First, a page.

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the Environmental and Energy Resources Library - A Fuel Cell Primer Skip Navigation

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A fuel cell consists of two electrodes separated by an electrolyte. In most cases, hydrogen fuel is fed into the anode of the fuel cell. Oxygen (or air) enters the fuel cell at the cathode. Encouraged by a catalyst, the
hydrogen splits into protons and electrons. The protons pass through the electrolyte. The electrons must
take the long way around, creating a separate current that can be utilized before they return to the cathode,
to be reunited with the hydrogen and oxygen to form a molecule of water. Individual cells are “stacked” together to generate useful quantities of power.

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Date Of Record Release 2008-06-28 20:59:05
Description A fuel cell consists of two electrodes separated by an electrolyte. In most cases, hydrogen fuel is fed into the anode of the fuel cell. Oxygen (or air) enters the fuel cell at the cathode. Encouraged by a catalyst, the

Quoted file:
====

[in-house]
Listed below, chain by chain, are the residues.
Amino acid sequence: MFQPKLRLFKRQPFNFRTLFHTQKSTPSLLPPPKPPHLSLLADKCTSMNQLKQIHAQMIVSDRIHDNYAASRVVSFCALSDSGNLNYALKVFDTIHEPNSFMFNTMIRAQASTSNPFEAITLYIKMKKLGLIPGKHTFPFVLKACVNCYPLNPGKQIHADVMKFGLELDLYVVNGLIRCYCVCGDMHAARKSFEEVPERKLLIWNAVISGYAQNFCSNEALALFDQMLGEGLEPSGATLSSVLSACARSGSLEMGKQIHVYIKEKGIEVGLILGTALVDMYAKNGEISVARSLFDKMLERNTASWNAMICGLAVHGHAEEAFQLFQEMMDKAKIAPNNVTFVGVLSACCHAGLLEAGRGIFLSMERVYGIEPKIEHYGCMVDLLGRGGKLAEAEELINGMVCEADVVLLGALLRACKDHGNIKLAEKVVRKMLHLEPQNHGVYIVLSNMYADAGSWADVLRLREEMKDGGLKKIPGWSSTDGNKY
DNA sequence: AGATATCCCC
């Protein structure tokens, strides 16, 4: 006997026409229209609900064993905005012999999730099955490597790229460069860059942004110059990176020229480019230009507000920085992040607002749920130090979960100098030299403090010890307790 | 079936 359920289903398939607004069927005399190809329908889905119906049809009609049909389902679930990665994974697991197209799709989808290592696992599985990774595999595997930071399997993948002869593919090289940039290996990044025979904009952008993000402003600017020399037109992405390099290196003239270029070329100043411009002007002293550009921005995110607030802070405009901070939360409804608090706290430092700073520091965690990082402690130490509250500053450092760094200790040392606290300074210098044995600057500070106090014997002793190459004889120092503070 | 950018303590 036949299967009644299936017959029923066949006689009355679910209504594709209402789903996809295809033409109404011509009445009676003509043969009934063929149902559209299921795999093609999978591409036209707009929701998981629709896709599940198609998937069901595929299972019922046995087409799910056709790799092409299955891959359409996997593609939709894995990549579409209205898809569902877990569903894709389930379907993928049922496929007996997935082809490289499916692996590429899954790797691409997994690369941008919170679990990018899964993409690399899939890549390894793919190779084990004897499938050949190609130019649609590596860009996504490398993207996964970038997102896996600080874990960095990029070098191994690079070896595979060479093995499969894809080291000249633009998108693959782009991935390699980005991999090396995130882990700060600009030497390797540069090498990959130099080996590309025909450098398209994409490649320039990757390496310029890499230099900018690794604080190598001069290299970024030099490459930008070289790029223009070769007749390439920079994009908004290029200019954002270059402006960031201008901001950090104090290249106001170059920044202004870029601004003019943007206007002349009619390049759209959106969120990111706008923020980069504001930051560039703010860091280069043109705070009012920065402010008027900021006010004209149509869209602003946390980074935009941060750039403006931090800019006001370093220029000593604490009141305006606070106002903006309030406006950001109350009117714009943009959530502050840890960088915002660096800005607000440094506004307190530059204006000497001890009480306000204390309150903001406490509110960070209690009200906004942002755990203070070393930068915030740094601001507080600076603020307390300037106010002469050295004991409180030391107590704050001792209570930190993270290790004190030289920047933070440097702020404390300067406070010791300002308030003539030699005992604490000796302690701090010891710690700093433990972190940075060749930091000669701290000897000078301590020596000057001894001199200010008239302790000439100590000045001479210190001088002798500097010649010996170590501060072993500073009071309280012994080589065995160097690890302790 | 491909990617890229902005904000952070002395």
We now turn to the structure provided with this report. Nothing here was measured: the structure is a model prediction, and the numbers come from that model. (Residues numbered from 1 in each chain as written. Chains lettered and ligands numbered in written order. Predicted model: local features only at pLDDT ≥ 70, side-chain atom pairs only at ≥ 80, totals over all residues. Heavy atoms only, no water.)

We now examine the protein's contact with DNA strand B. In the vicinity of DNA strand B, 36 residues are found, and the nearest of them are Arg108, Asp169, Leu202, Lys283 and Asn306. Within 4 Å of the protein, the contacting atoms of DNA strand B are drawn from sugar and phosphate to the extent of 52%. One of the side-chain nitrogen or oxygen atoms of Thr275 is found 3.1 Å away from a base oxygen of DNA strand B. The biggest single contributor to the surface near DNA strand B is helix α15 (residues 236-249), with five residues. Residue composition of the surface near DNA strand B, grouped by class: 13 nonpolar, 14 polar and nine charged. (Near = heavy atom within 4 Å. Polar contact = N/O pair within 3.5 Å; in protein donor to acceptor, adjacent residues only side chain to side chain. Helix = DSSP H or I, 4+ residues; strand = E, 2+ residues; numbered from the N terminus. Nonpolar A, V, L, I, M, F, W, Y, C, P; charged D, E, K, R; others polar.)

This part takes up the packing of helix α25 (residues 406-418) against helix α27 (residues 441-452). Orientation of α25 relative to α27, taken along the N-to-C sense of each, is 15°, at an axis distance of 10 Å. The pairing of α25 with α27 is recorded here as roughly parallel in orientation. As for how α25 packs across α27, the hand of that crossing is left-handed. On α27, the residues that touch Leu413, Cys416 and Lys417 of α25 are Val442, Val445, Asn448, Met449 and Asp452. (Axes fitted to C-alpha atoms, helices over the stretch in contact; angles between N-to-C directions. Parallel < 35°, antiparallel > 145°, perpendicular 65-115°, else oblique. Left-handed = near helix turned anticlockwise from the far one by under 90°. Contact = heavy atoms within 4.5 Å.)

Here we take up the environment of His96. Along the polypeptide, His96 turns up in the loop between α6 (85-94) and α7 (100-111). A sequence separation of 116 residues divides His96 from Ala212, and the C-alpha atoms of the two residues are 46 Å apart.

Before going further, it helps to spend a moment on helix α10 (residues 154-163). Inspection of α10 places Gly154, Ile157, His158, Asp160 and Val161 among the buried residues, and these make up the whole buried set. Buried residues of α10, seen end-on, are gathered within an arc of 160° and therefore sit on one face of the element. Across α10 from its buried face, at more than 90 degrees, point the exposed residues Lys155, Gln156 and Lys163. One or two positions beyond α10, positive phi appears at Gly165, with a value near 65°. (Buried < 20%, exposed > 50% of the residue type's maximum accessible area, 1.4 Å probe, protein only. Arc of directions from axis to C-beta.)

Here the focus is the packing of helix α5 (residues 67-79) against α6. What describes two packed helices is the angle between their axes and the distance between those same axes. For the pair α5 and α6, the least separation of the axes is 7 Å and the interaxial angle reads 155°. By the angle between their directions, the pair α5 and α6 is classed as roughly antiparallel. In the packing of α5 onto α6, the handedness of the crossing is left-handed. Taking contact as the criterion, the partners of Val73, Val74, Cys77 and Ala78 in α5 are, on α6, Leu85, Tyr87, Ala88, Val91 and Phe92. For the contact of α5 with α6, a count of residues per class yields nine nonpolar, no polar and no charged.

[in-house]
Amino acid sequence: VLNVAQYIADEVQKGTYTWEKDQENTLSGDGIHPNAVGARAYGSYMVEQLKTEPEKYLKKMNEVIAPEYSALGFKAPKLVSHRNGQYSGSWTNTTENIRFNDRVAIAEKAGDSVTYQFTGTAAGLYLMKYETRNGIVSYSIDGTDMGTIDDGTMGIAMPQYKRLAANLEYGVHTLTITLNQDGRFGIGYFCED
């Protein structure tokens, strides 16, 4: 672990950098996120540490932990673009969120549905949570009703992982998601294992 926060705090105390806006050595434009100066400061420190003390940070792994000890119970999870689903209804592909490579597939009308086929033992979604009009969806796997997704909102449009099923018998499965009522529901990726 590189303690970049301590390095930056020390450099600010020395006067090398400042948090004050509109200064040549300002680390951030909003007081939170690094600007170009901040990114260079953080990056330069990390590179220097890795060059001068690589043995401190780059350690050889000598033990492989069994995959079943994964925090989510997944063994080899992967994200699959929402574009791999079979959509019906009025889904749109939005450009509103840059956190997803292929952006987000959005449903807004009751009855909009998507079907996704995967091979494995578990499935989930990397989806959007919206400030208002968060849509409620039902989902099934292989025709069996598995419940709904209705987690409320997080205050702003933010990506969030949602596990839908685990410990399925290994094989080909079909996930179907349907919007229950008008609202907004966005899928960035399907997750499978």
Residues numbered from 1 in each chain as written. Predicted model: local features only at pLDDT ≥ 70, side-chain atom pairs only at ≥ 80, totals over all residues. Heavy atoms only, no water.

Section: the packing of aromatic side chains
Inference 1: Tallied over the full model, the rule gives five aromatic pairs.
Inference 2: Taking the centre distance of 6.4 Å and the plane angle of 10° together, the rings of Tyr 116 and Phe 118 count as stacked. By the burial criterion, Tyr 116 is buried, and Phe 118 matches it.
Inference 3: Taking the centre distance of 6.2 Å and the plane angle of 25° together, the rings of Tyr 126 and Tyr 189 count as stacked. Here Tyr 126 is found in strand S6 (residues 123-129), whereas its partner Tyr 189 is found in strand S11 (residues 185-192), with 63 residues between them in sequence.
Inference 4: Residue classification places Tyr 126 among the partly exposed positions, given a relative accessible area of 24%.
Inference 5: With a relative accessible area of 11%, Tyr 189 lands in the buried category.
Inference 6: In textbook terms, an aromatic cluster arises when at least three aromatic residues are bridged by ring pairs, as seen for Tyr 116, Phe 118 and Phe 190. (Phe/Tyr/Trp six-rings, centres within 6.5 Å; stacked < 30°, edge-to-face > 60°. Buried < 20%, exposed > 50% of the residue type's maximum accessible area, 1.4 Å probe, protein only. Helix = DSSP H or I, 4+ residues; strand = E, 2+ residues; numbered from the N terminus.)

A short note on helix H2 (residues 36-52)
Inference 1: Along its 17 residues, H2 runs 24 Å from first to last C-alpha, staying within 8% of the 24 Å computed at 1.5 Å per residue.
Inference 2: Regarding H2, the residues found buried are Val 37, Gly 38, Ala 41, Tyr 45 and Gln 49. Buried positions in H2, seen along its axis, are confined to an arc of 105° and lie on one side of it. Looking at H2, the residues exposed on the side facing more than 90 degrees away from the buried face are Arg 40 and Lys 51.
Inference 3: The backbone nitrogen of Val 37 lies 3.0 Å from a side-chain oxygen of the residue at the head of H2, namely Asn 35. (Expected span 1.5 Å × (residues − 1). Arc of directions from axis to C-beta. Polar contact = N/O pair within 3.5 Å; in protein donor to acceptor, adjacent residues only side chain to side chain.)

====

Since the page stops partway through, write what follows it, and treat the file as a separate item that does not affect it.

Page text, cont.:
hydrogen splits into protons and electrons. The protons pass through the electrolyte. The electrons must
take the long way around, creating a separate current that can be utilized before they return to the cathode,
to be reunited with the hydrogen and oxygen to form a molecule of water. Individual cells are “stacked” together to generate useful quantities of power.
Classification
Resource Type
Format
Subject
Source Tech Valley Careers
Selector Jund
Date Of Record Creation 2008-06-28 20:52:45
Education Level
Date Last Modified 2010-06-22 15:48:03
Language English
Date Record Checked: 2008-06-29 00:00:00 (W3C-DTF)

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